"Afro Harping"is Younger's tribute to Ashby, who, along with the iconic Alice Coltrane, is a catalytic and spiritual inspiration in her quest to expand the harp’s stylistic horizons beyond traditional boundaries. Her new CD marks the latest step in her evolving celebration of the modern soul and contemporary consciousness of the venerable instrument with roots in antiquity.

Brandee Younger performs at the Théâtre Romain Rolland outside Paris in February 2014.
Credit Coup d'Oreille/Creative Commons

Younger described her release as “a short statement of vinyl recording length” with “one very specific concept of just funky.”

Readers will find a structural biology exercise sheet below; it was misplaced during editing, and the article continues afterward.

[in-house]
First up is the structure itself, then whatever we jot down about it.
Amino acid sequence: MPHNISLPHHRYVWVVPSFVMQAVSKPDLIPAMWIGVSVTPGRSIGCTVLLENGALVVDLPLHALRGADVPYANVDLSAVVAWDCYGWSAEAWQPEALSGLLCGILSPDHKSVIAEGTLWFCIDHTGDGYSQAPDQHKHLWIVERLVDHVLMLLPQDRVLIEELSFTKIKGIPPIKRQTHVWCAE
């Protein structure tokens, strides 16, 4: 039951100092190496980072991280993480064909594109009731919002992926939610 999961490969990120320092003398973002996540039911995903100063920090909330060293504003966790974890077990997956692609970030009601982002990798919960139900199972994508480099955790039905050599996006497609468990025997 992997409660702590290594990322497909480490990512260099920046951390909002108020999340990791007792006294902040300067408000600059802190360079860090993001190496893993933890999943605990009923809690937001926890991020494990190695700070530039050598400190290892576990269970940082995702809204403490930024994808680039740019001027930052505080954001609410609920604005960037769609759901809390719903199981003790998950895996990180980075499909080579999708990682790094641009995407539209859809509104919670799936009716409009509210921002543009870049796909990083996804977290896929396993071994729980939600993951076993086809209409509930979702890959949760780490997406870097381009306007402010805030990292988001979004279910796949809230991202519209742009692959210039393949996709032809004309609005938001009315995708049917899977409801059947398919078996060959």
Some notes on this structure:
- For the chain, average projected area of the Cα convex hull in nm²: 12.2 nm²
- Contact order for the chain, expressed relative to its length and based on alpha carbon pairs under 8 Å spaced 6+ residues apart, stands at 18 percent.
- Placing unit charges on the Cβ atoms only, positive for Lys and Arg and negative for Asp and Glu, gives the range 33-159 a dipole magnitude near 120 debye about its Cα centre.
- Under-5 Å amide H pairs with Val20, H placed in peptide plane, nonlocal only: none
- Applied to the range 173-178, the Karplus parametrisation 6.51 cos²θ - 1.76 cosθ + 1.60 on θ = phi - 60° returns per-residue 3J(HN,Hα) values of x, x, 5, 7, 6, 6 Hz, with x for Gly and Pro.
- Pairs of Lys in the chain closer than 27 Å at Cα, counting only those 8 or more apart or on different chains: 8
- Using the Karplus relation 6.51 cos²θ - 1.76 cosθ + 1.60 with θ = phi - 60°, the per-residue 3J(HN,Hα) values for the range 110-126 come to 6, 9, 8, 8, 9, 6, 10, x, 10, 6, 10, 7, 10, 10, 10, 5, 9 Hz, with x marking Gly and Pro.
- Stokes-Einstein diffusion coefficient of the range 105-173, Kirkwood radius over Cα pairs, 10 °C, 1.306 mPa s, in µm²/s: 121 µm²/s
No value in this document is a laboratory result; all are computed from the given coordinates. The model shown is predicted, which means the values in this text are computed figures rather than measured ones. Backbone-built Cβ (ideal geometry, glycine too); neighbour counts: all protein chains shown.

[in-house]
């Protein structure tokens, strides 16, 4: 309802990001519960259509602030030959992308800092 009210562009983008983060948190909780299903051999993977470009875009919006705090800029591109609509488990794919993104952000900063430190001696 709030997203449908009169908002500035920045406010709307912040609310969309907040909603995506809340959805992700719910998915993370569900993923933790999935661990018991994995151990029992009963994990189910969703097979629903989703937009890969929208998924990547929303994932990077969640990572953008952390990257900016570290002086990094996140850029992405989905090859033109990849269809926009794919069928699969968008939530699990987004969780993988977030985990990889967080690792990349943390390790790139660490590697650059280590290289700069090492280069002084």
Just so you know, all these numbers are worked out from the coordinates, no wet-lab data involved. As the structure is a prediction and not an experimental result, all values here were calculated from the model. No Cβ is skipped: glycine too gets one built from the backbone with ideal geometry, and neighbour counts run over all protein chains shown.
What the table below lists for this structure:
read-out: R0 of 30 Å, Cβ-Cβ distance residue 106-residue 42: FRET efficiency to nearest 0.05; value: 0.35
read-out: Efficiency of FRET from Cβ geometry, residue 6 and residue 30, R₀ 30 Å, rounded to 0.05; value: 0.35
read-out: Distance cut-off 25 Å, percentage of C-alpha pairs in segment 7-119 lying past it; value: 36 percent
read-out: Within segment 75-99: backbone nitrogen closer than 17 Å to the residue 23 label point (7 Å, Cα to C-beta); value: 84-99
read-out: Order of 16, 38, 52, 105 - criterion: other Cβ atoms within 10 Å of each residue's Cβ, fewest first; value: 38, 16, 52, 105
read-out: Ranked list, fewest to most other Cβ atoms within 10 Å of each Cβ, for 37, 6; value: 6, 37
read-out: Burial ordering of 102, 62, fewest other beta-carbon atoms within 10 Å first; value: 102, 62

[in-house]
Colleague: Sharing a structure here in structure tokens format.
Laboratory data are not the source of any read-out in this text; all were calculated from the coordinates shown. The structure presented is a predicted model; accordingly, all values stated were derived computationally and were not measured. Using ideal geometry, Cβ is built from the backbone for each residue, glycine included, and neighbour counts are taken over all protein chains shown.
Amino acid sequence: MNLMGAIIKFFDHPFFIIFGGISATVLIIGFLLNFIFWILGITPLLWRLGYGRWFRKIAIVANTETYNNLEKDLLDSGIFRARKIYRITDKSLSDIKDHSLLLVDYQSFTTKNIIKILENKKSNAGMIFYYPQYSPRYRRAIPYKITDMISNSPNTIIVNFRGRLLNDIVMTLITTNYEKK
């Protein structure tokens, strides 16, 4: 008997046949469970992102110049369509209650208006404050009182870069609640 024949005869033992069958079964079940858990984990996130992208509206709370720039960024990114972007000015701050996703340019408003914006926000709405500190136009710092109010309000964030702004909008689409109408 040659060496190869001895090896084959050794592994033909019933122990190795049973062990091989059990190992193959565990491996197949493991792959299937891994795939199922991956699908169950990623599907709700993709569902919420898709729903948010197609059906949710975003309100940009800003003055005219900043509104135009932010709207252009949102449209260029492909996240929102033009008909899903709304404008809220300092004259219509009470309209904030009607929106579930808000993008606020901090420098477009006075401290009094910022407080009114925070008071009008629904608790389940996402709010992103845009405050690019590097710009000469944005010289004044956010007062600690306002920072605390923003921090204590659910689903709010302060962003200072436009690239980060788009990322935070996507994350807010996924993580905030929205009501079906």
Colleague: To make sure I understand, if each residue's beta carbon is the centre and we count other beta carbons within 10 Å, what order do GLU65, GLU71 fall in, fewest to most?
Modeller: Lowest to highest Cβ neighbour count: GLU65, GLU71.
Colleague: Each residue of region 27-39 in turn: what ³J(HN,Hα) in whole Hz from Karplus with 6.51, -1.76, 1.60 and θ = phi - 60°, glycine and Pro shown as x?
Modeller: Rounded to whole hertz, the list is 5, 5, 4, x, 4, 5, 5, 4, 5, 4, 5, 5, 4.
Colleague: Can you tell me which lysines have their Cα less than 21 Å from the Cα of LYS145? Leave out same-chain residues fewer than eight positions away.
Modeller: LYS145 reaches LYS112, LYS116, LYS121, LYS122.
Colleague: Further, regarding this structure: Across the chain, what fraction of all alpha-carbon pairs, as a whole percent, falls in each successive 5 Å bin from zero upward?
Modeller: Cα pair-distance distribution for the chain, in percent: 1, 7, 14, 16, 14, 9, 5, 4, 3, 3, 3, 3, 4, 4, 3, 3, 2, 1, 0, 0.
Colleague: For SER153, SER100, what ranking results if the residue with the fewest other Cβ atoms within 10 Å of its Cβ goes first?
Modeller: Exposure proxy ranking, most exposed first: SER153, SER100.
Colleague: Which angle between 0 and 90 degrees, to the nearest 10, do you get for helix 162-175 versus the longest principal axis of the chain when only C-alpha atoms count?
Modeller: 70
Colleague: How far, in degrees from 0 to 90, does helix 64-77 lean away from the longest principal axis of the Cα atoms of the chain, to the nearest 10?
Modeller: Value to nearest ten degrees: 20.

“I’m not even sure what the accurate classification of it is, but that’s sort of the beauty of it all. Why does it even have to be classified?” she said, reflecting her disdain for the neat, claustrophobic categories that critics love so much.

Breaking down conventional barriers by integrating contemporary styles with straight-head and classical music, she suggested, might even have the very positive side effect of attracting a sorely needed young demographic into the aging jazz fold.

“If it means you play a very traditional classical piece and a straight-ahead piece and then something that will grab a younger audience, I think that’s fine since children are our future. They’re next.” she said. “If we want young people to embrace the tradition, we have to introduce it to them in a way that they can like it, understand it and relate to it.

“Play some Bach, some Ellington, and then you grab them and rope them in. It’s a way to keep the music alive.”